tl;dr – An experimental composing algorithm generating beats and melodies in organic ways with a modified old tube TV providing manual control and on-screen feedback. Designed to deliver intuitive access to music for amateurs and everyone who likes to experiment and explore new soundscapes.
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Not easy to start this post, since I could talk for hours about this crazy machine once I get started…. First of all, let me explain what this thing does and how it works. (Might be a bit nerdy, so jump straight to the video, if you’re not into it) It all began with a blurry vision of an algorithm generating beats and melodies not in the way a sequencer does, but rather in an organic manner where each note can be seen as a drop of water falling through a system of layers and eventually transforms into sound and vanishes. Got it?
Guess it’s imprtant to say that each of the 8 layers represents a specific note value, like whole notes, half notes, quarter notes and so on. And this in turn represents the frequency at which notes are skimmed and converted into sound at that particular layer. Means, if there is water (=notes) in the layer, it gives a sound everytime the layer’s metronome strikes. Being transformed into sound, the water drop vanishes and as soon as all drops are gone, that layer remains silent until fresh water drips in.
To keep the music playing there is a continuous inflow into the top layer and some sort of gravity making the water flow downwards from layer to layer. With the top layer representing whole notes and the bottom layer representing 128th notes, the algorithm generates something between meditative lullabies and chaotic machine gun rattle.
To control the output, 2 parameters are of particular importance. These are WATER and FALL, representing inflow and gravity, respectively. By getting the right combination of both, you can either set a stable state where inflow matches outflow resulting in repetitive and catchy beats, but you can as well set highly instable states resulting in transient processes producing chaotic and unpredictable noise.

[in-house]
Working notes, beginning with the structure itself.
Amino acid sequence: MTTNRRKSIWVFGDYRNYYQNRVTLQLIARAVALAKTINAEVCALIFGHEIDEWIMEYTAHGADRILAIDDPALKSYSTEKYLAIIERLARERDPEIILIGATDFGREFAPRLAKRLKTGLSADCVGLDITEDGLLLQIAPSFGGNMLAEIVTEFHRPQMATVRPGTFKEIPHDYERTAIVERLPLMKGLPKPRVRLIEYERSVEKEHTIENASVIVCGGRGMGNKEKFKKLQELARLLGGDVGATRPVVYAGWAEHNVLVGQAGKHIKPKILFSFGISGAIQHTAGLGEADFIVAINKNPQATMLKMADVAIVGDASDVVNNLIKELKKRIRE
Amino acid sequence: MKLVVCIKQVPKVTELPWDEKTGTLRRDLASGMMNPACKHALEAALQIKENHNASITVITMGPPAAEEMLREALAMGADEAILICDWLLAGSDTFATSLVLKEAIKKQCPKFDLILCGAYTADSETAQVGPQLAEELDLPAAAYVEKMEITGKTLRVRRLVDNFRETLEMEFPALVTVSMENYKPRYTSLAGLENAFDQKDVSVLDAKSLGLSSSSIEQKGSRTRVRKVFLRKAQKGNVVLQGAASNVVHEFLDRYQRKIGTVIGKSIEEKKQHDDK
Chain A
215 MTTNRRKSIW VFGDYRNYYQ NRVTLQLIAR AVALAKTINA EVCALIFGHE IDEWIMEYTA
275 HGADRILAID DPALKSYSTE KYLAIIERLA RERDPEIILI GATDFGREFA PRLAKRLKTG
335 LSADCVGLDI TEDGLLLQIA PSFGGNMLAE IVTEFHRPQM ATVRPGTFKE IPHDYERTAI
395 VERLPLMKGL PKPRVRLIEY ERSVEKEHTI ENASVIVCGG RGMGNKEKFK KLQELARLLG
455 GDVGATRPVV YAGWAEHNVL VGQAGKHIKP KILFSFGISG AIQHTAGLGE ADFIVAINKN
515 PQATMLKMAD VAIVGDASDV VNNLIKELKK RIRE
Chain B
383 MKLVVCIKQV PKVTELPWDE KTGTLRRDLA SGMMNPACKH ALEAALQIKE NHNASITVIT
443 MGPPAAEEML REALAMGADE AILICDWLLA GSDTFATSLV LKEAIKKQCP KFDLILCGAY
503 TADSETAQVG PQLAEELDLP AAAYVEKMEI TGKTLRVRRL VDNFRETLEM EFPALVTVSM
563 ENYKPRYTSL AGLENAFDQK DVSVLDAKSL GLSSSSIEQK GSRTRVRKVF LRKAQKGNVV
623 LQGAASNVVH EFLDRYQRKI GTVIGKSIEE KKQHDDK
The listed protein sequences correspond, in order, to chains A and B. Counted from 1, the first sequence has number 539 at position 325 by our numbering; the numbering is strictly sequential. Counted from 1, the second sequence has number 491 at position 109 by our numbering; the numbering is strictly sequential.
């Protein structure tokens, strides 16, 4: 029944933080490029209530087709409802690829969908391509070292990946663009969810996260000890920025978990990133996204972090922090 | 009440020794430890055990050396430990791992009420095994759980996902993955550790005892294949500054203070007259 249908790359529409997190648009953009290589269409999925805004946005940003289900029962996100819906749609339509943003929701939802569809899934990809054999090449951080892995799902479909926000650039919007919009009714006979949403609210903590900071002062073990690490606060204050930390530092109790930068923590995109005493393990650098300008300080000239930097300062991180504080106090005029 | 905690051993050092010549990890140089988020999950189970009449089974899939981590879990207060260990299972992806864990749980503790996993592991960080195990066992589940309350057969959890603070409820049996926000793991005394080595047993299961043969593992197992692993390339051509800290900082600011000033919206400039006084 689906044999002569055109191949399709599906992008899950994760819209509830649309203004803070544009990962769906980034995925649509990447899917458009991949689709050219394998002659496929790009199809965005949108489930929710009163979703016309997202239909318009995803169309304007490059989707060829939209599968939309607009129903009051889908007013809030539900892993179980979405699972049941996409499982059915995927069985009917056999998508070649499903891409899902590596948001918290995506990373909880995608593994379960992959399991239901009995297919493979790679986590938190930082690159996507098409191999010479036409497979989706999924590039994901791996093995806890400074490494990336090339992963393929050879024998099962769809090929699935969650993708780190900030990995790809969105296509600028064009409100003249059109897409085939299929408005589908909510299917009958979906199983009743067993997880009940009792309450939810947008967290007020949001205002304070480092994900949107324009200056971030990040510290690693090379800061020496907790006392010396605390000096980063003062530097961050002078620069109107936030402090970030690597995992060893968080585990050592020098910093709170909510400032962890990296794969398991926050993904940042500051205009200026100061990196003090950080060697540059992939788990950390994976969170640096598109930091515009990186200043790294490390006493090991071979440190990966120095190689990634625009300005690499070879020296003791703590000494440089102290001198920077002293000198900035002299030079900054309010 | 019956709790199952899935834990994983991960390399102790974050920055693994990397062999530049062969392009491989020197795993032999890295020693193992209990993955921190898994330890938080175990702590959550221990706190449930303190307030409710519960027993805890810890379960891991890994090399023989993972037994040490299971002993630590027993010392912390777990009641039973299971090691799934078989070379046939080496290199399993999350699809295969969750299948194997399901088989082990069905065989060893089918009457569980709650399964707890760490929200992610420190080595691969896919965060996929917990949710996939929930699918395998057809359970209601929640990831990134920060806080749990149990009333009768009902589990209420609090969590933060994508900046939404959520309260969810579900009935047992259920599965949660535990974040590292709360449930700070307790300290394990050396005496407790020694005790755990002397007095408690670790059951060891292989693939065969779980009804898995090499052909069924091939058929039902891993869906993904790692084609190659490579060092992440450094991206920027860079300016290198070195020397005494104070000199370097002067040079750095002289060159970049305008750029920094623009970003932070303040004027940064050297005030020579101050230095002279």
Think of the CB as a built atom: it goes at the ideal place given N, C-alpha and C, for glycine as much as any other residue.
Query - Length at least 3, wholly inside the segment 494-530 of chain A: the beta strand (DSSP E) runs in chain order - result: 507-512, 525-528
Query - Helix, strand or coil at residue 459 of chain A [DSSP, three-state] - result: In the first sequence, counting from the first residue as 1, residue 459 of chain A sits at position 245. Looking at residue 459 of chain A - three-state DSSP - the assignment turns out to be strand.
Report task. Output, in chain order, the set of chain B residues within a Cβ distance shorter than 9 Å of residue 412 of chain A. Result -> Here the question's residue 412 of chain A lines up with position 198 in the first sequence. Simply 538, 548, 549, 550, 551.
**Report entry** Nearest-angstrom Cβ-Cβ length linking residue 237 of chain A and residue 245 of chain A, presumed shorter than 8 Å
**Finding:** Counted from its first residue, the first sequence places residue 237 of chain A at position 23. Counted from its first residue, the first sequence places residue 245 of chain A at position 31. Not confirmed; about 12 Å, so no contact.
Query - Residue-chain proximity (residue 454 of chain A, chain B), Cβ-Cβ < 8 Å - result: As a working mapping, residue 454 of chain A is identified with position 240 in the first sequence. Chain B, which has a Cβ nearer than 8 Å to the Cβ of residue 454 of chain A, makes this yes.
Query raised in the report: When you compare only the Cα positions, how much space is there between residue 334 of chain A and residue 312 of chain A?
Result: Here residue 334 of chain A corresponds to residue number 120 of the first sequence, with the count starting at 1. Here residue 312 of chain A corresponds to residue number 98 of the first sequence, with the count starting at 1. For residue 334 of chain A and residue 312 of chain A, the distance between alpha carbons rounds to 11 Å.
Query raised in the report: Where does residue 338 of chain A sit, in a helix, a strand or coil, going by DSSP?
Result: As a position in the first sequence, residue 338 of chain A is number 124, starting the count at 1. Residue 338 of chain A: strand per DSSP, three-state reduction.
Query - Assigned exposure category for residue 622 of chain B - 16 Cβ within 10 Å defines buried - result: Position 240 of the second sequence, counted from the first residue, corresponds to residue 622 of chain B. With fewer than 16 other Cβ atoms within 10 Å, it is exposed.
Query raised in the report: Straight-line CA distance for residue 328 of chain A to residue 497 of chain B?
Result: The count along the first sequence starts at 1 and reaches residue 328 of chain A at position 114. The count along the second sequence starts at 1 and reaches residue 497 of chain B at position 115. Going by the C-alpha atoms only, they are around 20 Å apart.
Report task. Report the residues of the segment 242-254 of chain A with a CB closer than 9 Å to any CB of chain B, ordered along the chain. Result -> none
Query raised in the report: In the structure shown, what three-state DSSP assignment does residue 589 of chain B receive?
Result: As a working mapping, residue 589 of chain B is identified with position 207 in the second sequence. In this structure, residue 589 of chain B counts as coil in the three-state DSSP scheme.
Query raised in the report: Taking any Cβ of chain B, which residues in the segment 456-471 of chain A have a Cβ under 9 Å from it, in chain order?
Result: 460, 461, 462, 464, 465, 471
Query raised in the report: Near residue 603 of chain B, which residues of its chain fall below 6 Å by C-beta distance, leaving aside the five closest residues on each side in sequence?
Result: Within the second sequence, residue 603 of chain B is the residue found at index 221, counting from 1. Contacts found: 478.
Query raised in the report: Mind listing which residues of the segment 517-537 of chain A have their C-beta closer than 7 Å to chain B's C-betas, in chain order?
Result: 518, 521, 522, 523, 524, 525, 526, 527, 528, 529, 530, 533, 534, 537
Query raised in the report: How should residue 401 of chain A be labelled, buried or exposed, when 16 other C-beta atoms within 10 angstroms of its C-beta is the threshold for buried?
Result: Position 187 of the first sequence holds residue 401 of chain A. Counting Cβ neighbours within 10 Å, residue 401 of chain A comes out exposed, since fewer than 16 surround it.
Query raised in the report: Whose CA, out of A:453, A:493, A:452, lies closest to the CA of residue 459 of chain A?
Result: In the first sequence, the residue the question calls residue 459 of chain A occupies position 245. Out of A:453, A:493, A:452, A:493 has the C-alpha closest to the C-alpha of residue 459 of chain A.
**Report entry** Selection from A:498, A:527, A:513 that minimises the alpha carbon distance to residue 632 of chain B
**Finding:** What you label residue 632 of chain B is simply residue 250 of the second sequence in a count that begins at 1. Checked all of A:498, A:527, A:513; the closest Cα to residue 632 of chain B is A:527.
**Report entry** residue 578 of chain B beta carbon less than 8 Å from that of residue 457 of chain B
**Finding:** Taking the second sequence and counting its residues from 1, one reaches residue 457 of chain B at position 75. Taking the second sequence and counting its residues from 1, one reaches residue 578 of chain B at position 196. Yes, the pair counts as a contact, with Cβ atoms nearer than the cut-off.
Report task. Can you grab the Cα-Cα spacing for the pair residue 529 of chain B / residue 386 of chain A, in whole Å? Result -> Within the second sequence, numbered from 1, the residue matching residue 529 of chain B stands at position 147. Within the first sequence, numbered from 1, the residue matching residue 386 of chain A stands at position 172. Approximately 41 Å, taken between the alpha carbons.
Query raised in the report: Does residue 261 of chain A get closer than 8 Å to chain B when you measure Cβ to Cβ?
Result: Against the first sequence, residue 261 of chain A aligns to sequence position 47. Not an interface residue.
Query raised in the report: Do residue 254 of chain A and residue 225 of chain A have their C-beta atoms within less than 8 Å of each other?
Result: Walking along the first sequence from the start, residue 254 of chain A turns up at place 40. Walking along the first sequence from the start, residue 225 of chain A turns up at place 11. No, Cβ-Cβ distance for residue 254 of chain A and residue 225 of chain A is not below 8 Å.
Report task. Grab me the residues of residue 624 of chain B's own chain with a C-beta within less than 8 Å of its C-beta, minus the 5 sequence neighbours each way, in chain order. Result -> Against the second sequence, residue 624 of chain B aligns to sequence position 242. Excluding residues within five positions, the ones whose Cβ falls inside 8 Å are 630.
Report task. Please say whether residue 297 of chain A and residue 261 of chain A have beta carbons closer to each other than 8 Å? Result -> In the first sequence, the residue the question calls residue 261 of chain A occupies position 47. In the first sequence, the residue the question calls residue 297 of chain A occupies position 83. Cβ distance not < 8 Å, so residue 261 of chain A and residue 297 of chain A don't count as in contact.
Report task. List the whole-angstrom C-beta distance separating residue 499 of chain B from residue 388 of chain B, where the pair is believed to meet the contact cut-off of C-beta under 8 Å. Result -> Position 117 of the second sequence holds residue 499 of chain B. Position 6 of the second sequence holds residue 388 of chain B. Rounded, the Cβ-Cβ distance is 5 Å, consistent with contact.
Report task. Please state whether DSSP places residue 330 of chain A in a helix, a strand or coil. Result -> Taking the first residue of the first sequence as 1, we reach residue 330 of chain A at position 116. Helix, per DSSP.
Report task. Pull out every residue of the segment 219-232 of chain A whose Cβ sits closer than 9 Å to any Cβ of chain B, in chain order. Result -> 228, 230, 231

In the video, you see the WATER and FALL controls on top of the TV. On the screen, a watering can in the upper left corner visualises the WATER inflow while the underlying arrow represents the FALL (“gravity”) parameter by changing its length according to parameter changes. The 8 note layers are visualised by horizontal bars representing each layer’s water level by the bars’ length. To transform water drops into something audible, each layer is assigned to a specific midi note number. Therefore, we get a note sequence output that can be used to trigger any instrument accepting midi.
So this is basically how the algorithm composes and generates note sequences. To get something audible out of it, I usually connect the midi output to an instrument rack in Ableton Live with several chains containing drum racks and synths. On the TV, there is a dial labeled STRESS which I linked to the instrument rack’s chain selector enabling the user to seamlessly travel through various soundscapes. The STRESS parameter, btw, is visualiased by the white bars coninuing the TV housing’s line pattern and extending on the screen while the value increases.
The TV housing is equipped with some more controls to make playing even more fun. For example, the upper left button randomly reassigns note numbers to each layer, resulting in a more or less drastic change of sound. The SPEED dial changes the general bpm value and to finally overdo it I added a camera on top, so you can see your own face blending with some trippy background visuals while composing your next chartbreaker. Isn’t it wonderful?
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